`Timely’ to reopen DEA vs corruption, security threats

IT WOULD be better for the Bureau of Customs to reopen the designated examination area (DEA) in the city that it closed down in 2010 to fight corruption and fend off security threats, its operator said.

Rodolfo C. Reta, operator of the Aquarius Container Yard, said that the reopening of his DEA will help government flag illegal shipments as well as improve revenue collections.  “The government needs it now as the BOC needs all the help if it wants to fight smuggling,” Reta said as his DEA was mentioned when the Senate called on Vice Mayor Paolo Z. Duterte and lawyer Manases R. Carpio to a hearing in relation to the smuggling activities in the agency.

In his testimony before the Senate last week, Carpio, one of Reta’s lawyers, told the senators that they met with then BOC commissioner Nicanor E. Faeldon during the latter’s short stint at the agency to brief him about the importance of the DEA to the BOC operations.

Civil society groups have also been pushing for the reopening of the DEA as part of the mechanism to stop corruption in the agency

Reta said he was “thankful to Atty. Carpio because he has been helping me in bringing my case to the consciousness of the national government.”

It was in 2015 when Carpio, husband of Mayor Sara Z. Duterte-Carpio, joined Reta’s legal team after a “lengthy due diligence” following the closure of the DEA.

Based on the documents available, in 2009, the national government decided to sign a memorandum of agreement with Reta for the operations of the DEA, which hosts a P250-million x-ray machine and other facilities for the inspection, for 25 years.

The reason for the memorandum of agreement was for the BOC to have a space where it could put the x-ray machine “free of charge” and inspect cargoes, particularly those placed on alert. In return, Reta would provide the trucking services.

Another reason for the signing of the agreement was to stop the entry of contrabands as the BOC commissioner at that time, Napoleon L. Morales even alerted the port to inspect empty containers. “Effective immediately, all empty containers entering the port of Davao shall be a subject of a mandatory x-ray examination,” said Morales in his letter dated December 11, 2009.

The collector of the port of Davao at that time of the signing of the agreement, Ronnie C. Silvestre, said that with the DEA, the BOC could easily achieve its collection target as it would be able to collect the right revenues on cargos.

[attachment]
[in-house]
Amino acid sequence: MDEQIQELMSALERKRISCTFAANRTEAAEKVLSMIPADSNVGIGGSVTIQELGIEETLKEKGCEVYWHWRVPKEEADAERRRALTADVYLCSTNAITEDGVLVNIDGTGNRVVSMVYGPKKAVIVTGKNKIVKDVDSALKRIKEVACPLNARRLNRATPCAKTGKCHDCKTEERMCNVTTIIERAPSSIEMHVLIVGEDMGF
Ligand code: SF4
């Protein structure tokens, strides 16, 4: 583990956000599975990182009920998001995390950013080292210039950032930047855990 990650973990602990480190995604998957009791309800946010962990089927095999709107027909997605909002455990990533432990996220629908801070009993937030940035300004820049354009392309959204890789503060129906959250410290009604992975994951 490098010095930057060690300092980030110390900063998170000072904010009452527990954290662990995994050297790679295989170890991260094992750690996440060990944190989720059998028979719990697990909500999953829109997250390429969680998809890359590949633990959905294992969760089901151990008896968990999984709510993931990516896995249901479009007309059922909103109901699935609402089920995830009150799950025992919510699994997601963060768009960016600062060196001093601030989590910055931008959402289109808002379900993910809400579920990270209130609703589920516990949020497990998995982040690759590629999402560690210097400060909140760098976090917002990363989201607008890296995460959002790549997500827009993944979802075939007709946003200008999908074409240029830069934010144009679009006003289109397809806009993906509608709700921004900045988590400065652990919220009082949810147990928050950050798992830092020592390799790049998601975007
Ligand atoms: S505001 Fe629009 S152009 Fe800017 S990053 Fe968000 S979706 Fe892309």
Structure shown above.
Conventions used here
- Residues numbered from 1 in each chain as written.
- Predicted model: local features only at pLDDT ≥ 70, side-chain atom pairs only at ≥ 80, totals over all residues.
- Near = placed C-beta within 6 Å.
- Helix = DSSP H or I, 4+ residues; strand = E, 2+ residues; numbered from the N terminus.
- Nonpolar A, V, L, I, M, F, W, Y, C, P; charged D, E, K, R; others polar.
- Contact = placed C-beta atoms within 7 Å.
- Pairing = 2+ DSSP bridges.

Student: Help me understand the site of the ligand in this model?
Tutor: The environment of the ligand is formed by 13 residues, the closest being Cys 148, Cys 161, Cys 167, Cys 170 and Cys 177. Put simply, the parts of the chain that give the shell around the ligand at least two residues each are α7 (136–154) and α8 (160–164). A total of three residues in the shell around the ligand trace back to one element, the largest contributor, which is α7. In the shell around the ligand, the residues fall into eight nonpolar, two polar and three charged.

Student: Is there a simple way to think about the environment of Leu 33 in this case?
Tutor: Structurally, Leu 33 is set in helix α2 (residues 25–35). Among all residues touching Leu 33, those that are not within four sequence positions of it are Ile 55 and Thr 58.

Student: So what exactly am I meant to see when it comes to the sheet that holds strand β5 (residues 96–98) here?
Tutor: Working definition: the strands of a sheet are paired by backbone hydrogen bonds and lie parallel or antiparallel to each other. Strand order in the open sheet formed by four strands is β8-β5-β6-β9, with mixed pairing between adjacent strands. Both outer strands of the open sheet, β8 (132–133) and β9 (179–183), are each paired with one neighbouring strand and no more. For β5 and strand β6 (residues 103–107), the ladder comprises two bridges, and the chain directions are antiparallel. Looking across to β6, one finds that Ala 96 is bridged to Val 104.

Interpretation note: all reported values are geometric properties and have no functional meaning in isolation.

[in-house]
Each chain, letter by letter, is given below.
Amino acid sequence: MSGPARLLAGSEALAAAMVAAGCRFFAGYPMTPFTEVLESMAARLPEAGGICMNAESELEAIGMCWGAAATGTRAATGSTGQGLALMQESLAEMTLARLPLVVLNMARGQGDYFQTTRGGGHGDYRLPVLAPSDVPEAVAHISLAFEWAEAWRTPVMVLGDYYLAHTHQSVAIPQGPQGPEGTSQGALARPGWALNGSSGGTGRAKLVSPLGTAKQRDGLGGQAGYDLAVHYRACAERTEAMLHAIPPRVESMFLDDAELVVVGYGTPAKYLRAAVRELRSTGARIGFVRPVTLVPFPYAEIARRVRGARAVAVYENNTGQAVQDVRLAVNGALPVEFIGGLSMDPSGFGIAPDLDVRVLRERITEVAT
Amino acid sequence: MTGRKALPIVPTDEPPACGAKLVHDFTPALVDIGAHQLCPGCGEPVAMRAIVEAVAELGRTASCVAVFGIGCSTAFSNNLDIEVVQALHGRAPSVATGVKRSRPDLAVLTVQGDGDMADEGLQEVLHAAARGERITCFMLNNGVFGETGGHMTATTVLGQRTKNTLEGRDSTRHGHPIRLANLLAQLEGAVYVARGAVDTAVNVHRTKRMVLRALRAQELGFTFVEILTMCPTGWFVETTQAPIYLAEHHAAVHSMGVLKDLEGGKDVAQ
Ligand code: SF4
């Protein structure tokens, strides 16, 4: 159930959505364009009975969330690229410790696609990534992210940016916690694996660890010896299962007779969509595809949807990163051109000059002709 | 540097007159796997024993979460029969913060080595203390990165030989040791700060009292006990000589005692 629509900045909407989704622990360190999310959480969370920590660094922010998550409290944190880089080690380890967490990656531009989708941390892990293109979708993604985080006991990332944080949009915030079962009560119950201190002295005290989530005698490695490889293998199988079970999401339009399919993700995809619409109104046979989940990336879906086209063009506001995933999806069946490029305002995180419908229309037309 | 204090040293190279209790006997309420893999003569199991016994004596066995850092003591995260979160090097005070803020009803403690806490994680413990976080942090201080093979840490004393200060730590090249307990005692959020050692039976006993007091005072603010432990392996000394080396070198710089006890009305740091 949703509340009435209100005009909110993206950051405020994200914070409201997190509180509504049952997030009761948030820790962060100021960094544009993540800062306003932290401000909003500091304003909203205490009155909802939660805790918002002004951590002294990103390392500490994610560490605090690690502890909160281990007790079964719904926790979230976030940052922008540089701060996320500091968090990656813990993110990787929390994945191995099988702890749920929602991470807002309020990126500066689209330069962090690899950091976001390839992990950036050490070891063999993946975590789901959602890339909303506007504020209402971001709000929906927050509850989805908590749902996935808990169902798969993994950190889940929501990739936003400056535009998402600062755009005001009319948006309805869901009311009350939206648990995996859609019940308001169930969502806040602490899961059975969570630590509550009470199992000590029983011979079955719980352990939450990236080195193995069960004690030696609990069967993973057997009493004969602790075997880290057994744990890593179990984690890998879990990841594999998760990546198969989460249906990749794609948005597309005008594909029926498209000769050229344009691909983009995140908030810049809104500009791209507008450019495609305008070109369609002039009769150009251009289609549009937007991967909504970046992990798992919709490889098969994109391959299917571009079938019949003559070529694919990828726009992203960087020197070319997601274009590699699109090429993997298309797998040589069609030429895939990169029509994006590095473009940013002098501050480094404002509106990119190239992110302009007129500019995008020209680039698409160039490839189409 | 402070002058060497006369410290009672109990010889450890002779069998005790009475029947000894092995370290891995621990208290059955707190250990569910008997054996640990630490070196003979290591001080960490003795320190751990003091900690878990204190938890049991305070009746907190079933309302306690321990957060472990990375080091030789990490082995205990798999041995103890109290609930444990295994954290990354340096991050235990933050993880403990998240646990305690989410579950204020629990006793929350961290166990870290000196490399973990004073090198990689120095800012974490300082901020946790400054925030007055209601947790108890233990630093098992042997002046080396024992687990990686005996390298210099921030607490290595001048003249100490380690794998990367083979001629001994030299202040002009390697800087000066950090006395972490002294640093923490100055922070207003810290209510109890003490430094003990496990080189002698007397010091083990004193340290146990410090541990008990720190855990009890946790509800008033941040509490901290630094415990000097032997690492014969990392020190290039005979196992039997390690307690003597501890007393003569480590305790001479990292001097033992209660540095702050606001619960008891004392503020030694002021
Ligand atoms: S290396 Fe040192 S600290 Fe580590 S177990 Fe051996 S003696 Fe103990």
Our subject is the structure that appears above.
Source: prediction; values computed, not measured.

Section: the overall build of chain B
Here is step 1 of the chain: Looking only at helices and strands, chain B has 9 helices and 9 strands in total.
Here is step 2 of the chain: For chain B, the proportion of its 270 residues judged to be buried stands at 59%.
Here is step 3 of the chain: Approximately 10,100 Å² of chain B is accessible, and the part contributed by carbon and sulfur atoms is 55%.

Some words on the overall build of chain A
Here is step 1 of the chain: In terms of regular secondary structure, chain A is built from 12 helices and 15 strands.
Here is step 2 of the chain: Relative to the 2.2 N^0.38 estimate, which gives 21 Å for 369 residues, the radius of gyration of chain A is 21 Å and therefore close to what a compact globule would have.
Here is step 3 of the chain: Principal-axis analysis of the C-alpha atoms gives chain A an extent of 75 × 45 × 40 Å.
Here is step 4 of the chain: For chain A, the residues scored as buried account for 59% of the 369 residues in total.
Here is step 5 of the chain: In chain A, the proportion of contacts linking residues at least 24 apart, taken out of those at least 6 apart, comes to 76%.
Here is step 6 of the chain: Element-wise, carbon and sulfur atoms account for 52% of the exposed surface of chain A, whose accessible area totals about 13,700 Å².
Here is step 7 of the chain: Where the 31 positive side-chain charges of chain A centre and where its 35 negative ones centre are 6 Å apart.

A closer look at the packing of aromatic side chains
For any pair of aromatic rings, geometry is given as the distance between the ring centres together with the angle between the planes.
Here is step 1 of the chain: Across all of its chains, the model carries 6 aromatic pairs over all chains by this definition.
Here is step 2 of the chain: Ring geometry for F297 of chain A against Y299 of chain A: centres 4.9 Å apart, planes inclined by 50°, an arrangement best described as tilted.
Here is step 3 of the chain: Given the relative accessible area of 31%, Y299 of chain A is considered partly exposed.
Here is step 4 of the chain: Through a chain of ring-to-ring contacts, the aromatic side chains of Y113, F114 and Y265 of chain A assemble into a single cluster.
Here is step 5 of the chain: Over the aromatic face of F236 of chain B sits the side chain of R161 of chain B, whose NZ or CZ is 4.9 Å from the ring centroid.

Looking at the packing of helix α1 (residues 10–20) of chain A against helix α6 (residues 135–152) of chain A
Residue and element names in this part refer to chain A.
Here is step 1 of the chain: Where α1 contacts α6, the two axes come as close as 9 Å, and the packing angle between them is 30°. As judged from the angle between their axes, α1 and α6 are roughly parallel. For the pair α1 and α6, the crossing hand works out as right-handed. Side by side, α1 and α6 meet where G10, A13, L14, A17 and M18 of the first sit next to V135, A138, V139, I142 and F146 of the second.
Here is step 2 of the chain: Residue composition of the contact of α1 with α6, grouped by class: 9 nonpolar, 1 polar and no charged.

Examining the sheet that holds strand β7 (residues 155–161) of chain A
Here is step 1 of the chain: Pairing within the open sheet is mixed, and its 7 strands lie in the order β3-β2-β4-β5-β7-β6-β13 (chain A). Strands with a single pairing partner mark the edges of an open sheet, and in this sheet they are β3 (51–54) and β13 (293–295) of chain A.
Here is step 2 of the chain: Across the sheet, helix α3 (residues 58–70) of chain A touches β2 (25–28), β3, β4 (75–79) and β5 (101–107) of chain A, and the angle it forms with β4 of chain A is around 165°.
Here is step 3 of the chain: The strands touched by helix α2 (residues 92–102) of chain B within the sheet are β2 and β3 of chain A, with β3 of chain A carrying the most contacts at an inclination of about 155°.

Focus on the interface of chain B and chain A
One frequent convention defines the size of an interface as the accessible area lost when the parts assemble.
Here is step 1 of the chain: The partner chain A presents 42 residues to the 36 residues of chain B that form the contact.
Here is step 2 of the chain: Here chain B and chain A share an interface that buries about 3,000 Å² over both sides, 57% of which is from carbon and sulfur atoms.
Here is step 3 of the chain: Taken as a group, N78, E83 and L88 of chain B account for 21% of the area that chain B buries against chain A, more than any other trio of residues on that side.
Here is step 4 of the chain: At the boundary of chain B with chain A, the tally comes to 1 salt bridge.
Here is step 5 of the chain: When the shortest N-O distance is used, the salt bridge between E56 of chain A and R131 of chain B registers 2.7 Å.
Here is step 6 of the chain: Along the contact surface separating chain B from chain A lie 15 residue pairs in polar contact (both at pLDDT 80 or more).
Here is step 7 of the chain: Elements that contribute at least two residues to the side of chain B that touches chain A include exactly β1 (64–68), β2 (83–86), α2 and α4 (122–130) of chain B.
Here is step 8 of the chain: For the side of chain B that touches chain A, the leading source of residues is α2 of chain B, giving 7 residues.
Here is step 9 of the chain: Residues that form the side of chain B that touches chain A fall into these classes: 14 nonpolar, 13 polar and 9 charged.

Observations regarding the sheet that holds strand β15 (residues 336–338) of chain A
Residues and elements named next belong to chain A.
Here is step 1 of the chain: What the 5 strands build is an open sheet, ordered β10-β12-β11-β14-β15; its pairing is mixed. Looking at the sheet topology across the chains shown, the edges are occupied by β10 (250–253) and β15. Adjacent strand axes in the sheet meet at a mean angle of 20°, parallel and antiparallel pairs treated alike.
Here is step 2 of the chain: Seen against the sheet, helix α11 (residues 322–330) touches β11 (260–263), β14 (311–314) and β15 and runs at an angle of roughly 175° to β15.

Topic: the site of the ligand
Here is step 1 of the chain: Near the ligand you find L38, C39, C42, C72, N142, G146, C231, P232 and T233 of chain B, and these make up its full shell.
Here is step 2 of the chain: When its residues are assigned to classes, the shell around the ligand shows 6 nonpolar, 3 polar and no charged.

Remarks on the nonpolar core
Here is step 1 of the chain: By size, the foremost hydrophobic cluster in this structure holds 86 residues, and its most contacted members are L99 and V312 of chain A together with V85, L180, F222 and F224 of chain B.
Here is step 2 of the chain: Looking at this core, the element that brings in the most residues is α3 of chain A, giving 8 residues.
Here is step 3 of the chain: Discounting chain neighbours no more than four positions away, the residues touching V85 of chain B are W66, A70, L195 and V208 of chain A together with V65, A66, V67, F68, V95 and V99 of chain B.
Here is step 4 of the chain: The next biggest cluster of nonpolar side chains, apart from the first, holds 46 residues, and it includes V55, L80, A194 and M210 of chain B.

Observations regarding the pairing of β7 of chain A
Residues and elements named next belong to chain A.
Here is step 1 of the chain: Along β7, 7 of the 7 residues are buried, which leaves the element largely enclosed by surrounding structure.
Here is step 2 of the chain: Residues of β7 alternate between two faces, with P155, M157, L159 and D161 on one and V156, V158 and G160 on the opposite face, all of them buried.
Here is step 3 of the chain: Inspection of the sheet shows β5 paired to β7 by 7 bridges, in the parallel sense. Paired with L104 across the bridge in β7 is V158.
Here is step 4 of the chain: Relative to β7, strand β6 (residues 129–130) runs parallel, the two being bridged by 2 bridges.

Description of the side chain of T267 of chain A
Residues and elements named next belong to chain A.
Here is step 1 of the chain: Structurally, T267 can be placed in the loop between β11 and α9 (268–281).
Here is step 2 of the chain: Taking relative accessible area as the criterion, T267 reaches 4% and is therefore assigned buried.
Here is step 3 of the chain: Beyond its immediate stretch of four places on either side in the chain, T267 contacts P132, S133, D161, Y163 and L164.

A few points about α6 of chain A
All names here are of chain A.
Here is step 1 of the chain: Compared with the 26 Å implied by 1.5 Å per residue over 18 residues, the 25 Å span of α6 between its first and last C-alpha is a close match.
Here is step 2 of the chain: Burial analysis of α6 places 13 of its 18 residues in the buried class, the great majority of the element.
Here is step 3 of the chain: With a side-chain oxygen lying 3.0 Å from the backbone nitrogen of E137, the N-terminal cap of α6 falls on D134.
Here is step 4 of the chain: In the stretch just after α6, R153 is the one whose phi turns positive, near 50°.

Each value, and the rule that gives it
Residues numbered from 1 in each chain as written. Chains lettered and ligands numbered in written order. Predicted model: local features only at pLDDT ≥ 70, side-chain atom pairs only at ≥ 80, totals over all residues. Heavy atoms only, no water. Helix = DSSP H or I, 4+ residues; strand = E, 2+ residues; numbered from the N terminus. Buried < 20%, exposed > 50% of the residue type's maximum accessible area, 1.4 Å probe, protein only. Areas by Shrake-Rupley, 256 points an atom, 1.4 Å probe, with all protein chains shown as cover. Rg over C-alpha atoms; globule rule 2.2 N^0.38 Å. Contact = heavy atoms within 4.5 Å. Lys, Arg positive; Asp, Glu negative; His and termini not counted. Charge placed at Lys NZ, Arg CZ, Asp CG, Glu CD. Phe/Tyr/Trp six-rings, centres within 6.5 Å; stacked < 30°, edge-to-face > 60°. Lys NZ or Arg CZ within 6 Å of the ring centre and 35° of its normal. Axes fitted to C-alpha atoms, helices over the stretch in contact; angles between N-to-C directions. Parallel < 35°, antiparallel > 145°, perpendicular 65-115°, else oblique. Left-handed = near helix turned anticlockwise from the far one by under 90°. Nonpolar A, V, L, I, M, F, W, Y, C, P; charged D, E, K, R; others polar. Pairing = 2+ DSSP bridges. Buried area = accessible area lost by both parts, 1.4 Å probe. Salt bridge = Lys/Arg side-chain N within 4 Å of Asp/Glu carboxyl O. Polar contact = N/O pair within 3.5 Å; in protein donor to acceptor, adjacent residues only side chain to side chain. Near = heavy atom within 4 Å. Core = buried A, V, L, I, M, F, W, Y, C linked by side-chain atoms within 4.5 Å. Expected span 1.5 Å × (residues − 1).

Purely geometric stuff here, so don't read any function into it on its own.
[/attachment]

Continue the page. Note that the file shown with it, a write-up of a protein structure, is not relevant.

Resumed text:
In February 2010, based on documents, Reta informed the BOC about a cargo which was declared as construction materials, but which was suspected to be containing rice.

To his surprise, however, instead of appreciating his effort, the collector at that time, Anju Nereo Castigador, ordered the closure of his DEA on the ground that he was not doing his part of the agreement. The cargo proved to be rice which the BOC decided to auction off.

Reta suspected that his DEA was closed down because some groups could not bring in their smuggled cargoes as he was strict in implementing the provisions of the contract he signed with the BOC. “They could not include me in their tara system (bribery system), so they decided to shut down the DEA,” he explained.

The “tara” system, which has also become the issue in the Senate hearing at present, is a scheme where those players within the BOC would divide among them the bribe that they would get in the entry of cargoes, be they legal or illegal.

This prompted Reta to file cases against Castigador and some other officials of the BOC, which resulted in the official’s termination from service. Other officials were either terminated or suspended as Castigador has appealed his case before the higher courts which have yet to finally decide on it.

In March 2014, a cargo of cocaine was found inside an empty container van in a private yard in the city. Reta said the finding of the illegal drug cargo was due to the failure of the BOC to follow the order of Mr. Morales as stated in the letter of the latter in 2009.

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